“It is not every day you finally find the Holy Grail, but to those studying the history of St Nicholas Priory, it certainly feels like we have.
Miss Tothill was the curator of St Nicholas Priory from 1916 until 1938 and is well known as the lady who kept the ravens in the garden. However, what is not known to most is her constant striving to improve the Priory, from searching for relevant objects, to raising donations to have a statue of St Nicholas placed in the building.
She also kept a personal scrapbook containing a vast amount of information about what was happening at St Nicholas Priory during her 22 years there, with everything from dozens of unique photographs to letters written to her and even information on famous visitors such as Thomas Hardy.
The scrapbook first came to light in 2009 during a search through St Nicholas Priory documents at the Royal Albert Memorial Museum. Among those documents, some letters were found from Jacqueline Warren – the last curator of the Priory (1959-1973) to John Allan, then a curator at the museum from the late 1980s. In those letters there were a couple of references to a ‘scrapbook’ and two photocopied pages from it in rather poor state.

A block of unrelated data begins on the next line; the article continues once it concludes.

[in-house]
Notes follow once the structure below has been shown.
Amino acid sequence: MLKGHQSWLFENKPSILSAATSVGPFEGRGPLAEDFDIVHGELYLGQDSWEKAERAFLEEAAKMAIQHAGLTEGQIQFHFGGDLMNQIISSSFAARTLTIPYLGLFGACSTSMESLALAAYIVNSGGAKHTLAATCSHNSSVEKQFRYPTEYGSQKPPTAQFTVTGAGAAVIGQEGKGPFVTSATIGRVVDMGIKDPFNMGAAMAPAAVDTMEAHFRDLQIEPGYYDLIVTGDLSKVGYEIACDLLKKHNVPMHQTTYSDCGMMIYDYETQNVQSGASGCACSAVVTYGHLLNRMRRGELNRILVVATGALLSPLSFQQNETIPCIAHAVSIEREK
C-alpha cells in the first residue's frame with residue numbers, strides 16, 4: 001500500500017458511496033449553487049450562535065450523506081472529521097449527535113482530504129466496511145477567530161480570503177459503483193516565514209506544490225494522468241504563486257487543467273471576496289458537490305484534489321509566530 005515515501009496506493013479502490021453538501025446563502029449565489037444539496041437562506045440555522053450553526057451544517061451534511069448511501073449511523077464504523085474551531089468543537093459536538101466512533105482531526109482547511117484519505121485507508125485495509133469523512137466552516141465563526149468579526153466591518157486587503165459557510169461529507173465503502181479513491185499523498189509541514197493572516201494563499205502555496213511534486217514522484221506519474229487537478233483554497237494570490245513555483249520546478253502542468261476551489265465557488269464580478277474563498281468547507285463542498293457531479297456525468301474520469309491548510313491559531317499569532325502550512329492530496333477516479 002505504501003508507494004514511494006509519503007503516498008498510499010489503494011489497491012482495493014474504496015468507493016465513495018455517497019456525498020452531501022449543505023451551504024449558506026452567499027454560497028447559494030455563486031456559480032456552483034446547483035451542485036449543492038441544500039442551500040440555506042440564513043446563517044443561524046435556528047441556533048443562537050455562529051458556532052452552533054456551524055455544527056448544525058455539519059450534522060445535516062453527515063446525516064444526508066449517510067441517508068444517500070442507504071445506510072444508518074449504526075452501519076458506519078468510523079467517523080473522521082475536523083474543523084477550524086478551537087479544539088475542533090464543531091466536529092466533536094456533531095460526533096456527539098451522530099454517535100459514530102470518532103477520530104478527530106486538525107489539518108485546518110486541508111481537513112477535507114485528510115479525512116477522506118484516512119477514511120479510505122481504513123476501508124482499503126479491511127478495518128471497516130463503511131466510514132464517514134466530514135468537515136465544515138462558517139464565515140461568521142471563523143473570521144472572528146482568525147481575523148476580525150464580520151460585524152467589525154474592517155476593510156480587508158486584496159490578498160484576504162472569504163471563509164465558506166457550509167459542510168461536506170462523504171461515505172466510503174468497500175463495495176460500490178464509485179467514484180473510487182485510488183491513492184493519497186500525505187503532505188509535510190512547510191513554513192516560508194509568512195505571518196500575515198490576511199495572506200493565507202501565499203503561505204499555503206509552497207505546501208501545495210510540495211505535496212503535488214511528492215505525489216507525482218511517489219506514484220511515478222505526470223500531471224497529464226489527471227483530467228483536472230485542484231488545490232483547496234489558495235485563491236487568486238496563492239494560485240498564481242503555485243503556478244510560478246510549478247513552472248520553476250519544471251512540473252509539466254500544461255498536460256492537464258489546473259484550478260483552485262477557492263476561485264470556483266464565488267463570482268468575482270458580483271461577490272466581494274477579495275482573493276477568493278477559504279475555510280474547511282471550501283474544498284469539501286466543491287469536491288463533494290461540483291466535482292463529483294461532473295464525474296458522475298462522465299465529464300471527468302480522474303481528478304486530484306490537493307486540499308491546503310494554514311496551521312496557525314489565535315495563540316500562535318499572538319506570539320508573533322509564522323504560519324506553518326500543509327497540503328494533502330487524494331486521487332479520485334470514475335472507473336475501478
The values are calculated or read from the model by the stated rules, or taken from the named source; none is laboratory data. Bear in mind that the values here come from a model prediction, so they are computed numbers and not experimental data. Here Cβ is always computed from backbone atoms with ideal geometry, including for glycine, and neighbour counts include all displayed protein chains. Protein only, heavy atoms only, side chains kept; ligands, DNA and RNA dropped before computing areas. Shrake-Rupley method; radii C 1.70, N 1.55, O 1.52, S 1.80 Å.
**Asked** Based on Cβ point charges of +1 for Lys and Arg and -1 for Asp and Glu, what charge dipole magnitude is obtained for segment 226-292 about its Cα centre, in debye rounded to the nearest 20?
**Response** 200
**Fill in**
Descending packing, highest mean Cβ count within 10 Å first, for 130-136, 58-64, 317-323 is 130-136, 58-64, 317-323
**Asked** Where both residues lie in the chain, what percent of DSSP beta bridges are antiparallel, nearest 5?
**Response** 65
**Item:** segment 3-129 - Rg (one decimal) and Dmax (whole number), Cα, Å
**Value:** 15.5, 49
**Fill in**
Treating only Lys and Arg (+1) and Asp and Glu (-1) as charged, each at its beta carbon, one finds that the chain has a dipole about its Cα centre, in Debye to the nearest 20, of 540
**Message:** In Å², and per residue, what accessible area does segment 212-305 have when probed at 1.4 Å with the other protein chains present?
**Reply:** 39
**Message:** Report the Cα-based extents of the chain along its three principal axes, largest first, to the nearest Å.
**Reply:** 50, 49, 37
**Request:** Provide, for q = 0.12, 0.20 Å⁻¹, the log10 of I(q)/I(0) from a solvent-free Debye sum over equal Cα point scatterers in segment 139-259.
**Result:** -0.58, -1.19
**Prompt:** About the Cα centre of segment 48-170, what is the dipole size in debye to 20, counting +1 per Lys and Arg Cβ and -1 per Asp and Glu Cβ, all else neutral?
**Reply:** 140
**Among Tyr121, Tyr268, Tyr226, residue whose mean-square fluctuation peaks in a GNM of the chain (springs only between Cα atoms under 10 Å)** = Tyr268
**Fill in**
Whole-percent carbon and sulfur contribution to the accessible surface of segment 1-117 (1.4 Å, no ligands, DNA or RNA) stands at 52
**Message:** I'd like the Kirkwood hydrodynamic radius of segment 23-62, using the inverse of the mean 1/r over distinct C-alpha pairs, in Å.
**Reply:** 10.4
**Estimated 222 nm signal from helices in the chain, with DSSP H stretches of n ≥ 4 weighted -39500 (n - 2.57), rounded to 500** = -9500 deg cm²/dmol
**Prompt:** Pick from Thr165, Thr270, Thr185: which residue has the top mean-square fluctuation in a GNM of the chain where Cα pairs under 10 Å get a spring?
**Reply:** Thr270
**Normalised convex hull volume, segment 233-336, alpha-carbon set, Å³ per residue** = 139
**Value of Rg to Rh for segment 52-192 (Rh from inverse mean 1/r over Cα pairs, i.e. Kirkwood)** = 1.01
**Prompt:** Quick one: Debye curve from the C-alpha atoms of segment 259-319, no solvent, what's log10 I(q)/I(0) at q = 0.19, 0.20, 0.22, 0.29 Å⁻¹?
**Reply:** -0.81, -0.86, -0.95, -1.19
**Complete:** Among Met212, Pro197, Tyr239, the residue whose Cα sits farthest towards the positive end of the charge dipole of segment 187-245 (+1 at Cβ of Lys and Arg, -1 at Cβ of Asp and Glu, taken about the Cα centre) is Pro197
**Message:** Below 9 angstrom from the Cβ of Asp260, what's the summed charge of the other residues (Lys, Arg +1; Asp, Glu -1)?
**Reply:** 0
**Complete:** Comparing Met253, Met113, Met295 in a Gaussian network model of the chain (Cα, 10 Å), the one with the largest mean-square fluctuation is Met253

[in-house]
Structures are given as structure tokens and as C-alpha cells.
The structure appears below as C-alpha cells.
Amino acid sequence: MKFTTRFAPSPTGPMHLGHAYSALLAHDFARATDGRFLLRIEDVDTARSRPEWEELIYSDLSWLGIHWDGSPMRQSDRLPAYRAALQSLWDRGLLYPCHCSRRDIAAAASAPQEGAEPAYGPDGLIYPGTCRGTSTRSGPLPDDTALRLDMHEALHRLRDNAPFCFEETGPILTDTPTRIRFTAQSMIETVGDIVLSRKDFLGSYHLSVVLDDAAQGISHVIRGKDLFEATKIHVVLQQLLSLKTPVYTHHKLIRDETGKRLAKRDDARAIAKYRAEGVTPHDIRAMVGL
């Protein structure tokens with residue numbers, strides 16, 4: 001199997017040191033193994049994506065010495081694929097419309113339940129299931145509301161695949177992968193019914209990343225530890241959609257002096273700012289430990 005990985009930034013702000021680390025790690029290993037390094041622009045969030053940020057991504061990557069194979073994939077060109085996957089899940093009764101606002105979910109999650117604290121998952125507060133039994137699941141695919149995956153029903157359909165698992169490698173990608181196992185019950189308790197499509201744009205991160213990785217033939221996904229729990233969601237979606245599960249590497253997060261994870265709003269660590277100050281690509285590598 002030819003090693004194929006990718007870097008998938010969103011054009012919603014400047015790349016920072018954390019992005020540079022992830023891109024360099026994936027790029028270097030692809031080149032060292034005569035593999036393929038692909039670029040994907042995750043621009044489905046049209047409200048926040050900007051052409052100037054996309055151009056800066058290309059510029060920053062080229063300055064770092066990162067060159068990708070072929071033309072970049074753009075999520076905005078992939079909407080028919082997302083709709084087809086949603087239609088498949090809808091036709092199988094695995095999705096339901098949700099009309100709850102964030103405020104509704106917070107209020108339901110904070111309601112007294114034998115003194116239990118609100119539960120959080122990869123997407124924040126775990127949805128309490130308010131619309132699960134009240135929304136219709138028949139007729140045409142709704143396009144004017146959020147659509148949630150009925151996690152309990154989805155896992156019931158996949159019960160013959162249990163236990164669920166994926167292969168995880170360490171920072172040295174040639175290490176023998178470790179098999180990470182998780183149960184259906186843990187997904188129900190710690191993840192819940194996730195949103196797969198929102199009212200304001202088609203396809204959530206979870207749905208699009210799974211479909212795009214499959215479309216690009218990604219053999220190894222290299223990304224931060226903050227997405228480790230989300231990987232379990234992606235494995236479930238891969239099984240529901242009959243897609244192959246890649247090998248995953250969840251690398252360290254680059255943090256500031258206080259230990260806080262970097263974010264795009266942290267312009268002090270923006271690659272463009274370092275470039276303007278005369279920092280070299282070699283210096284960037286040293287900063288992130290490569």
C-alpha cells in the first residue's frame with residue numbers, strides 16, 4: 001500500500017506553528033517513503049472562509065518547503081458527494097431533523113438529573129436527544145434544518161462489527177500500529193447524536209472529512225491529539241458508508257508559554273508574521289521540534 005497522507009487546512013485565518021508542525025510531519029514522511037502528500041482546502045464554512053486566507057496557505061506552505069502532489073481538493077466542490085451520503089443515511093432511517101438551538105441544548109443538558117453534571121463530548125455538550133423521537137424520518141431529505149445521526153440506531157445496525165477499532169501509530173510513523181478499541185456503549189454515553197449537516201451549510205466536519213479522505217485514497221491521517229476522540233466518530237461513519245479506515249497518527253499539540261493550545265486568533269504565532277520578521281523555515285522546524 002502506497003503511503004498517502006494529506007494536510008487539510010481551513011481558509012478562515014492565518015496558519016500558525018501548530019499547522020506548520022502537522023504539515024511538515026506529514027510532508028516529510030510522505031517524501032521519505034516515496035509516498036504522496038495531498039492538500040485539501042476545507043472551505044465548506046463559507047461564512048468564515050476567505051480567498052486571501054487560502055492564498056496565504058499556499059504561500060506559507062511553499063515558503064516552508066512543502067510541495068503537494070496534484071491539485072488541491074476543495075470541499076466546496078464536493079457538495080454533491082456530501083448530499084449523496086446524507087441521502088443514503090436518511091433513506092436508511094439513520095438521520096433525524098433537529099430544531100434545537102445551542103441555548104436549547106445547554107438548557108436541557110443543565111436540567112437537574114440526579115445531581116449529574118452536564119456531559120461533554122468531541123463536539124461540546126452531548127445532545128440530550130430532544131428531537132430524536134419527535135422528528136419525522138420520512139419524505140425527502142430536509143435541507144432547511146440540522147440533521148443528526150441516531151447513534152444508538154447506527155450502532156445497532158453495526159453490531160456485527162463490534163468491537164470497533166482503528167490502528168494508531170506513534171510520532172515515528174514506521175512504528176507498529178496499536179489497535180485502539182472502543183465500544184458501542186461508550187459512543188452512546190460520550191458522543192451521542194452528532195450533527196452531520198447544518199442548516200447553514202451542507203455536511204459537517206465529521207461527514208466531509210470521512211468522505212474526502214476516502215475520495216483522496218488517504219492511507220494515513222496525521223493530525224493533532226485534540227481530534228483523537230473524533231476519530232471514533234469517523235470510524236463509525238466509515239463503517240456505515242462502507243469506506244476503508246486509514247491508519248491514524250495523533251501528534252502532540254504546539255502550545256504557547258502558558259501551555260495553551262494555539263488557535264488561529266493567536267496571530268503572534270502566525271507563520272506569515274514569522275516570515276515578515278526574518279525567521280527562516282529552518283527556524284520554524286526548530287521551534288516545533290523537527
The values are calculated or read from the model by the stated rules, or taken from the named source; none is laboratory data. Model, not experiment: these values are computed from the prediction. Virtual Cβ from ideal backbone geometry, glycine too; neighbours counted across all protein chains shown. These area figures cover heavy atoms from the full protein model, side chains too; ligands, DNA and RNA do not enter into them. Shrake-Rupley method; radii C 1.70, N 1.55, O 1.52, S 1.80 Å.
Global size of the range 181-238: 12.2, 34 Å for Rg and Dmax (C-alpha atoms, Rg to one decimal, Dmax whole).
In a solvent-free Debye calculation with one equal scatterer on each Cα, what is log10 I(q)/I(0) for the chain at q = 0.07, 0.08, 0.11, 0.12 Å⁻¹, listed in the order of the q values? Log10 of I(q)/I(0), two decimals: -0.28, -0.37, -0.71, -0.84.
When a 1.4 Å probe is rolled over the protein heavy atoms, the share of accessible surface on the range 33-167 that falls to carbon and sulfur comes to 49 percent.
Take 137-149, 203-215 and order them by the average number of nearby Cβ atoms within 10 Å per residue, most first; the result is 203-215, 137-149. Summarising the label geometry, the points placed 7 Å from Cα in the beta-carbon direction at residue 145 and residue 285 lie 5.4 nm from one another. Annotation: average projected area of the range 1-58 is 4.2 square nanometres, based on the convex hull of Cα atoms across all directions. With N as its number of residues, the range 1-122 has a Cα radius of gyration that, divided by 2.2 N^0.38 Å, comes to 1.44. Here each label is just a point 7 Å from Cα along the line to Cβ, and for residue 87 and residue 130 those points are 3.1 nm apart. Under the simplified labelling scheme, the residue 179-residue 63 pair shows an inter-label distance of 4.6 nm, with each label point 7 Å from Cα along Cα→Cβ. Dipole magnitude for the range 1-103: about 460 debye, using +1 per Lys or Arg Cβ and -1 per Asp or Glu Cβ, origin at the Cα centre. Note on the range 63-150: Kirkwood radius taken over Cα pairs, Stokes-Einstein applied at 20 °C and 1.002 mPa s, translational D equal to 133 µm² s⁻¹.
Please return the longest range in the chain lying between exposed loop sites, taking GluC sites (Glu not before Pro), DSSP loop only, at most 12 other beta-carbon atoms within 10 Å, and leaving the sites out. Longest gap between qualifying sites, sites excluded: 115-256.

Knowing that this document, if it still existed, would be the single most important find of recent Priory history we were ever likely to get, I started searching. John Allan could not recall much about the book, which made me believe Jacqueline Warren’s family may have had it. But then, I had no way to contact them. Over time I feared it would never be found, or may have been lost forever.
By serendipity, I gave an online talk about St Nicholas Priory this spring, and by pure chance, Michele Berry, a daughter of Jacqueline Warren, attended the talk and afterwards started corresponding with me. Then I was put in contact with her sister Nicole, who had inherited the document. Thus, I was presented with copies of the Scrapbook, which has now been donated to the Devon Heritage Centre for all to see and study.
Sometimes even the longest searches turn up the best finds.”
Ben Clapp works at the Royal Albert Memorial Museum in Exeter, and is a trustee of Exeter Historic Buildings Trust.